Chukwuemeka Fred Agbata Jnr. (CFA)

Nigeria certainly does not lack the brainpower or ideas required to transform the country for the better. Where we have always missed the mark is in turning ideas into action plans and even when we plan, the execution is simply poor.

It gladdens my heart that the Federal Government recently inaugurated the Technology and Creativity Advisory Group. The new group recently inaugurated by the Vice President, Prof. Yemi Osinbajo, was set up under the aegis of the Nigerian Industrial and Competitiveness Advisory Council to provide specific solutions to several technology and creativity challenges in the country.

The ultimate objective of the group is to develop an all-inclusive platform that will serve as a launch pad for start-ups in the technology and creativity industries.

One question on my mind though, is what would this group do differently? I must confess, however, that the array of professionals, many of them personally known to me, inspires confidence in the group’s ability to deliver.

How well will some of their recommendations be accepted and executed is the question that remains to be answered.

It is one thing to assemble innovative entrepreneurs and policy makers for a worthy purpose; it is quite another to get them beyond the round table, to rolling up their sleeves and getting the job done.

This group will either go the way of others and become history, or at best, assume the status of a reference point, if it is not guided properly. This is what I intend to do in today’s piece as a key stakeholder because actionable results that will provide Nigerian youths with the hope of a better future is what really matters most. Below are some actionable agenda that can serve as a guide:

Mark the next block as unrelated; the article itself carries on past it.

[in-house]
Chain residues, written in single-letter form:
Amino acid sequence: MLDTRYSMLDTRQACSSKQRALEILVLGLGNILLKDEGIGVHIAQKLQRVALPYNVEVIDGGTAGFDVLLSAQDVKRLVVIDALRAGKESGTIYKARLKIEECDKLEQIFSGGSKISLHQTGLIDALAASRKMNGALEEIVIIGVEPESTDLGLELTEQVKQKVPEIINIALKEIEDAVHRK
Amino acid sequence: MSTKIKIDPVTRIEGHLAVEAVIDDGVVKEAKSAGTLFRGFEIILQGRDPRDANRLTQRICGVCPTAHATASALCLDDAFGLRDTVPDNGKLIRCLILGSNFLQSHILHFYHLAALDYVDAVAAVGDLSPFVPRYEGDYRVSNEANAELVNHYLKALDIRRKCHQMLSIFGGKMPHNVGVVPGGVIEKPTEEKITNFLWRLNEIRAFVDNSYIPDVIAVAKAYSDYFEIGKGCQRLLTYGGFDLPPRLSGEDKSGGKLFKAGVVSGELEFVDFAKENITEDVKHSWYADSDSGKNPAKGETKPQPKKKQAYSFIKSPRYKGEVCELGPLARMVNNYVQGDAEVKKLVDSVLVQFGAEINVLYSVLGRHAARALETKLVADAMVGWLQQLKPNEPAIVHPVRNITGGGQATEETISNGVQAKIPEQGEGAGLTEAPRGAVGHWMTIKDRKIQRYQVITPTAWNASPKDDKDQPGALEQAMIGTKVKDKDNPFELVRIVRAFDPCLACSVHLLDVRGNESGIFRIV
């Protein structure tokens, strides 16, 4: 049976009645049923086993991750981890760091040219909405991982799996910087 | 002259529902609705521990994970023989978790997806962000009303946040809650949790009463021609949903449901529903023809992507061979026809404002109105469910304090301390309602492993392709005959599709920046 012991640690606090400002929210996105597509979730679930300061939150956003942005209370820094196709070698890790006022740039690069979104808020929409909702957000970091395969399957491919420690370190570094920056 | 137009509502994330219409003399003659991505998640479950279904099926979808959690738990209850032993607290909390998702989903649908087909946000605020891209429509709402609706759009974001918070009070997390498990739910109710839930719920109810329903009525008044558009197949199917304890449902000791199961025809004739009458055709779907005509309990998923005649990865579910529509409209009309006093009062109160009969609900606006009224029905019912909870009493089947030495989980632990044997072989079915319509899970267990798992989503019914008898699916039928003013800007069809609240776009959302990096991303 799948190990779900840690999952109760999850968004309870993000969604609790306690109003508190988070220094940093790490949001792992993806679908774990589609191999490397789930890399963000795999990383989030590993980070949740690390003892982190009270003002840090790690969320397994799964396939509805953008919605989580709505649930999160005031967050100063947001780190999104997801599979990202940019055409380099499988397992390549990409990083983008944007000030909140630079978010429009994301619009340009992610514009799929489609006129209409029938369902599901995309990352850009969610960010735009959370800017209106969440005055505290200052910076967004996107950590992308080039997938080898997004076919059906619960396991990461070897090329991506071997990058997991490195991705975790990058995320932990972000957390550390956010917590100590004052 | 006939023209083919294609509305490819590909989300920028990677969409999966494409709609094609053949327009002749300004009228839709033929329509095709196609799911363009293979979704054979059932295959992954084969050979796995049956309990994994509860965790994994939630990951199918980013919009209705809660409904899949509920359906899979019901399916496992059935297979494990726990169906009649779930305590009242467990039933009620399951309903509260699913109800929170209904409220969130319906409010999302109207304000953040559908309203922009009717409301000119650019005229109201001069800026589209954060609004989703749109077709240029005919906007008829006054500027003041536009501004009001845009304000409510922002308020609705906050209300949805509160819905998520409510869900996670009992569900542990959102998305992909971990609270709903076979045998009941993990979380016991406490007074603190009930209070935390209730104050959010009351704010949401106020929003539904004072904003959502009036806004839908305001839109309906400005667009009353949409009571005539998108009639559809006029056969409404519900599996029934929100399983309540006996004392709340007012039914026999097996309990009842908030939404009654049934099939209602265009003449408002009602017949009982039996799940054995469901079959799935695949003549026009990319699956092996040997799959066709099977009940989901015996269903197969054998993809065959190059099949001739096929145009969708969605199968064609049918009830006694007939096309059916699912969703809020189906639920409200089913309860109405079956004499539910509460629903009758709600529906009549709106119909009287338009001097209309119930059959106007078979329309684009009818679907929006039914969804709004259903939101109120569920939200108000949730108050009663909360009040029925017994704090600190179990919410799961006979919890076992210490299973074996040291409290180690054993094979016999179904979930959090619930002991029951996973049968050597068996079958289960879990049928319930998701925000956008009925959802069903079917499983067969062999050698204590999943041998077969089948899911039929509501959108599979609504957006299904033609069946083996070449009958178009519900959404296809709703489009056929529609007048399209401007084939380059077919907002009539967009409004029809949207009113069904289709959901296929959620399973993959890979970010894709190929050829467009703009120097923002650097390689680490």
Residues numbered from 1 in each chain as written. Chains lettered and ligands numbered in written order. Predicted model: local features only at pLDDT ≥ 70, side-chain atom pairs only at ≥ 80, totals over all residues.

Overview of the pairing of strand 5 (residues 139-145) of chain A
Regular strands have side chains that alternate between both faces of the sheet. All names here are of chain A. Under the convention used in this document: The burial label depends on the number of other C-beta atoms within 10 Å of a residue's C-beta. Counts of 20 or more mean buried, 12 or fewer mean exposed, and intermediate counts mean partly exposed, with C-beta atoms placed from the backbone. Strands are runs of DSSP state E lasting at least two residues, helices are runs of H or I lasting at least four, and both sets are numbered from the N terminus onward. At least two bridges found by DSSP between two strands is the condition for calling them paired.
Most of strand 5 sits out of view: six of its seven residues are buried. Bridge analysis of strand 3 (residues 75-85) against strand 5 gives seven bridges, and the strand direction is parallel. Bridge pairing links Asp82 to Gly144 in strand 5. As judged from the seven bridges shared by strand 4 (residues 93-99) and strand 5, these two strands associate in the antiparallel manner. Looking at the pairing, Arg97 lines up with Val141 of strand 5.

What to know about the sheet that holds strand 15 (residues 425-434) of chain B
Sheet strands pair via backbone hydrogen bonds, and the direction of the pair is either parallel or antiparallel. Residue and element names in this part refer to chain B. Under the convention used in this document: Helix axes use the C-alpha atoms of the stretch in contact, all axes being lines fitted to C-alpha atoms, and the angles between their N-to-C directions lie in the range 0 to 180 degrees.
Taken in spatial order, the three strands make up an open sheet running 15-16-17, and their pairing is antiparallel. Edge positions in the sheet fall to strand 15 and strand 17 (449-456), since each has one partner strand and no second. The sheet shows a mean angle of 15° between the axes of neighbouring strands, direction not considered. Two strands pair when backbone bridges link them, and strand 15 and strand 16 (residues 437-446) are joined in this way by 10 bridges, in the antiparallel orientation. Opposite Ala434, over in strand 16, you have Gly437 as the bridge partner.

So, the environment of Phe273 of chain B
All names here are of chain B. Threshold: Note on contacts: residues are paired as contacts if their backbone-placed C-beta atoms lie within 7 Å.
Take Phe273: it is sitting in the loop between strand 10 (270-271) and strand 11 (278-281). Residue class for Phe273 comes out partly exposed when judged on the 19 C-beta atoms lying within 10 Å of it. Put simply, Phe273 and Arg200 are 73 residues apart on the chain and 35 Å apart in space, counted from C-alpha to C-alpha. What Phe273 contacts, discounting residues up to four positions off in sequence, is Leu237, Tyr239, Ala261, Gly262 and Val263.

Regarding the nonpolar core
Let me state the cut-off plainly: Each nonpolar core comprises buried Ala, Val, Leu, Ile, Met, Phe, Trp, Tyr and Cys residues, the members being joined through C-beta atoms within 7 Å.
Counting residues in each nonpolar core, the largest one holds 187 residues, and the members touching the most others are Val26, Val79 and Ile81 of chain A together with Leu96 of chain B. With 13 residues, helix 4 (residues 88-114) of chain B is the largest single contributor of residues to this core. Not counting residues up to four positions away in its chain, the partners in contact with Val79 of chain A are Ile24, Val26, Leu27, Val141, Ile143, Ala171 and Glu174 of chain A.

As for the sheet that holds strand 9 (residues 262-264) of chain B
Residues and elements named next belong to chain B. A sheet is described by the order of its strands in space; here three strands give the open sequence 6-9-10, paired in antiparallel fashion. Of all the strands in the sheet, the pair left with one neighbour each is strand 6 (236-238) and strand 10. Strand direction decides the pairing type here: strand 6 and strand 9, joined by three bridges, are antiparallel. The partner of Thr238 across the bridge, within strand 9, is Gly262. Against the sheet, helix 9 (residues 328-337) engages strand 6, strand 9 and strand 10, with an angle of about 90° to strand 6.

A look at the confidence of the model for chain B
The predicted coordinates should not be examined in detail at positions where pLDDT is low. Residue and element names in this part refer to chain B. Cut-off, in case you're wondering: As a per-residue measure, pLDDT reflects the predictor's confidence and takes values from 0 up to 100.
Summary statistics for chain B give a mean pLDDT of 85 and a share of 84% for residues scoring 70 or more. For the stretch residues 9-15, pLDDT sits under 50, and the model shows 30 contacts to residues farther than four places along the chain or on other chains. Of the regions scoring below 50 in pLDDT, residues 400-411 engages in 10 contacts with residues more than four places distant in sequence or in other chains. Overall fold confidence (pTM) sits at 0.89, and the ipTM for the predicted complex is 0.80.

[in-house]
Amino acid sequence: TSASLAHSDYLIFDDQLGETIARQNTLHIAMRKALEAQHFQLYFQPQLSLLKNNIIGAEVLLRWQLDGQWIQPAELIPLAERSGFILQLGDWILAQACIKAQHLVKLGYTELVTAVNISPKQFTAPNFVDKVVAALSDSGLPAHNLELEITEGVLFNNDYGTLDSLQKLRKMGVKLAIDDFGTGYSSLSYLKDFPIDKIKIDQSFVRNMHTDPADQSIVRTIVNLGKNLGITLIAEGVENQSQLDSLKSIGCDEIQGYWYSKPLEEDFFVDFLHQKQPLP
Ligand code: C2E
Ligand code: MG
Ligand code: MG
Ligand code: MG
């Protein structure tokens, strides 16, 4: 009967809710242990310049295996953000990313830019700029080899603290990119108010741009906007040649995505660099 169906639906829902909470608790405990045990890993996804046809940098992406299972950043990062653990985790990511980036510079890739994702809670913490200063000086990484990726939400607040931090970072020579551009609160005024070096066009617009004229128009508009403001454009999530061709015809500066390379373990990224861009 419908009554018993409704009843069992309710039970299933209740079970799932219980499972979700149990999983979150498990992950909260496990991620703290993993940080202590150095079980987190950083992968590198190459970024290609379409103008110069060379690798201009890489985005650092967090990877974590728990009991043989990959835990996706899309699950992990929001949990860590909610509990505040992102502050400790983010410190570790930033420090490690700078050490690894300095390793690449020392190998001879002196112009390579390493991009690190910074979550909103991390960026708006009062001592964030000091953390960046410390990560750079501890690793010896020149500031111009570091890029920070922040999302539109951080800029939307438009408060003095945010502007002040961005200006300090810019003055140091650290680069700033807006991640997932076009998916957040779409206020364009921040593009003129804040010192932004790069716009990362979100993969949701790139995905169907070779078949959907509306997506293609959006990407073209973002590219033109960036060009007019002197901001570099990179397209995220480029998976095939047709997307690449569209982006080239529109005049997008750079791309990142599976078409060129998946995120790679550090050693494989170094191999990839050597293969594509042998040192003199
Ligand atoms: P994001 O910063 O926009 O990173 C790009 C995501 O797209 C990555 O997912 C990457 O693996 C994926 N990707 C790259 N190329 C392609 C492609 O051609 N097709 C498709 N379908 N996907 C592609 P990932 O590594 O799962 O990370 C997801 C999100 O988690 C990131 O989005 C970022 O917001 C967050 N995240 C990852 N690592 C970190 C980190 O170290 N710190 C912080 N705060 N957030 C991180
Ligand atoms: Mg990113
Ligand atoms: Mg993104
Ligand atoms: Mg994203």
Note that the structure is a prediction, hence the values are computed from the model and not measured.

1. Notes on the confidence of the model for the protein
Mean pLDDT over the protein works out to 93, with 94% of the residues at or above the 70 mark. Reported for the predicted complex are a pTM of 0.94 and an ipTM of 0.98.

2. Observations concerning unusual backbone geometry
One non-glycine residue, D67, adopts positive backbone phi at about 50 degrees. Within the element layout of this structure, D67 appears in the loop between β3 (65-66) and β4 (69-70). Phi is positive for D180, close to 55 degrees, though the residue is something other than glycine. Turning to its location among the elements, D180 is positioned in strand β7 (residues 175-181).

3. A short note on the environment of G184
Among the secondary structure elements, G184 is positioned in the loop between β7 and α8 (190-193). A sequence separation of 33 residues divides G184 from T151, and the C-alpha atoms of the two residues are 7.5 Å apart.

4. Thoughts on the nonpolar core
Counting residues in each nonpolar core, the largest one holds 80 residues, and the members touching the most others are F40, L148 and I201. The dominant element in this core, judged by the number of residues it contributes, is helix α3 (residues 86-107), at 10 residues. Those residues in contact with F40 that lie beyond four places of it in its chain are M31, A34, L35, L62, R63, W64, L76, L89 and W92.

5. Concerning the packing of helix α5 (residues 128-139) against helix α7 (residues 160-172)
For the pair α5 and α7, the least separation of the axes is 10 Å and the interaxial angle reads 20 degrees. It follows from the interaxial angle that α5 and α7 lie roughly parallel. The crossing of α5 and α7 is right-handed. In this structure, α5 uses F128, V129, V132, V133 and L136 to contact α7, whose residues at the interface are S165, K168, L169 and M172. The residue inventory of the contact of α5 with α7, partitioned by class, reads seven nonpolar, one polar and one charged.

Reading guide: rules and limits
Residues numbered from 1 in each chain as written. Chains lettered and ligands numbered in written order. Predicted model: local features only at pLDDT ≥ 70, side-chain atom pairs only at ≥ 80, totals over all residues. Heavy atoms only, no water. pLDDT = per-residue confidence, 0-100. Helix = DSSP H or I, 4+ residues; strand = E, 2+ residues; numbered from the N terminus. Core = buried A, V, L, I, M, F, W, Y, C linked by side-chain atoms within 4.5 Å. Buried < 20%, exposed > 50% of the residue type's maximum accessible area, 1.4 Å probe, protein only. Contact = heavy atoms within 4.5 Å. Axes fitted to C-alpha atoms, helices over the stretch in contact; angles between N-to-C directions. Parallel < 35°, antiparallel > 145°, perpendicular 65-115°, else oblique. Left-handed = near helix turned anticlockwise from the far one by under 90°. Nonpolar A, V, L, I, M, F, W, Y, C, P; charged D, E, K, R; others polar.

1. Power is absolutely important

The lack of adequate power supply is completely sad. Technological innovation is almost impossible without power and this is the foundation upon which we can build on.

It is in the best interest of the group to continually let the government understand that attempting to innovate without basics like power and broadband is like passing through a burning flame and only a few can make it to the other side.

Put simply, without constant electricity, creativity cannot grow beyond a certain point and the technology industry cannot properly develop as well.

  1. Set up an innovation fund

Thousands of business ideas float around in the head of the average Nigerian youth but these ideas soon die out when there is no fund to actualise them. In fact, thousands of daring entrepreneurs have gone on to launch enterprises that end up dying within the first couple of years due to lack of funds. Business ideas require funds to be implemented and new start-ups require capital to take off and be sustained.

Banks require collateral that the young start-ups simply do not have. The new Technology and Creativity Advisory Group will go a long way in creating thousands of entrepreneurs every year if only they urge government to make an innovation fund (truly) a reality.

  1. Open Nigeria to global digital services

I am a firm believer in digital jobs and freelancing as a viable strategy of getting more young people off the streets. However, one of the main problems confronting thousands of Nigerian freelancers working online is the difficulty of getting paid.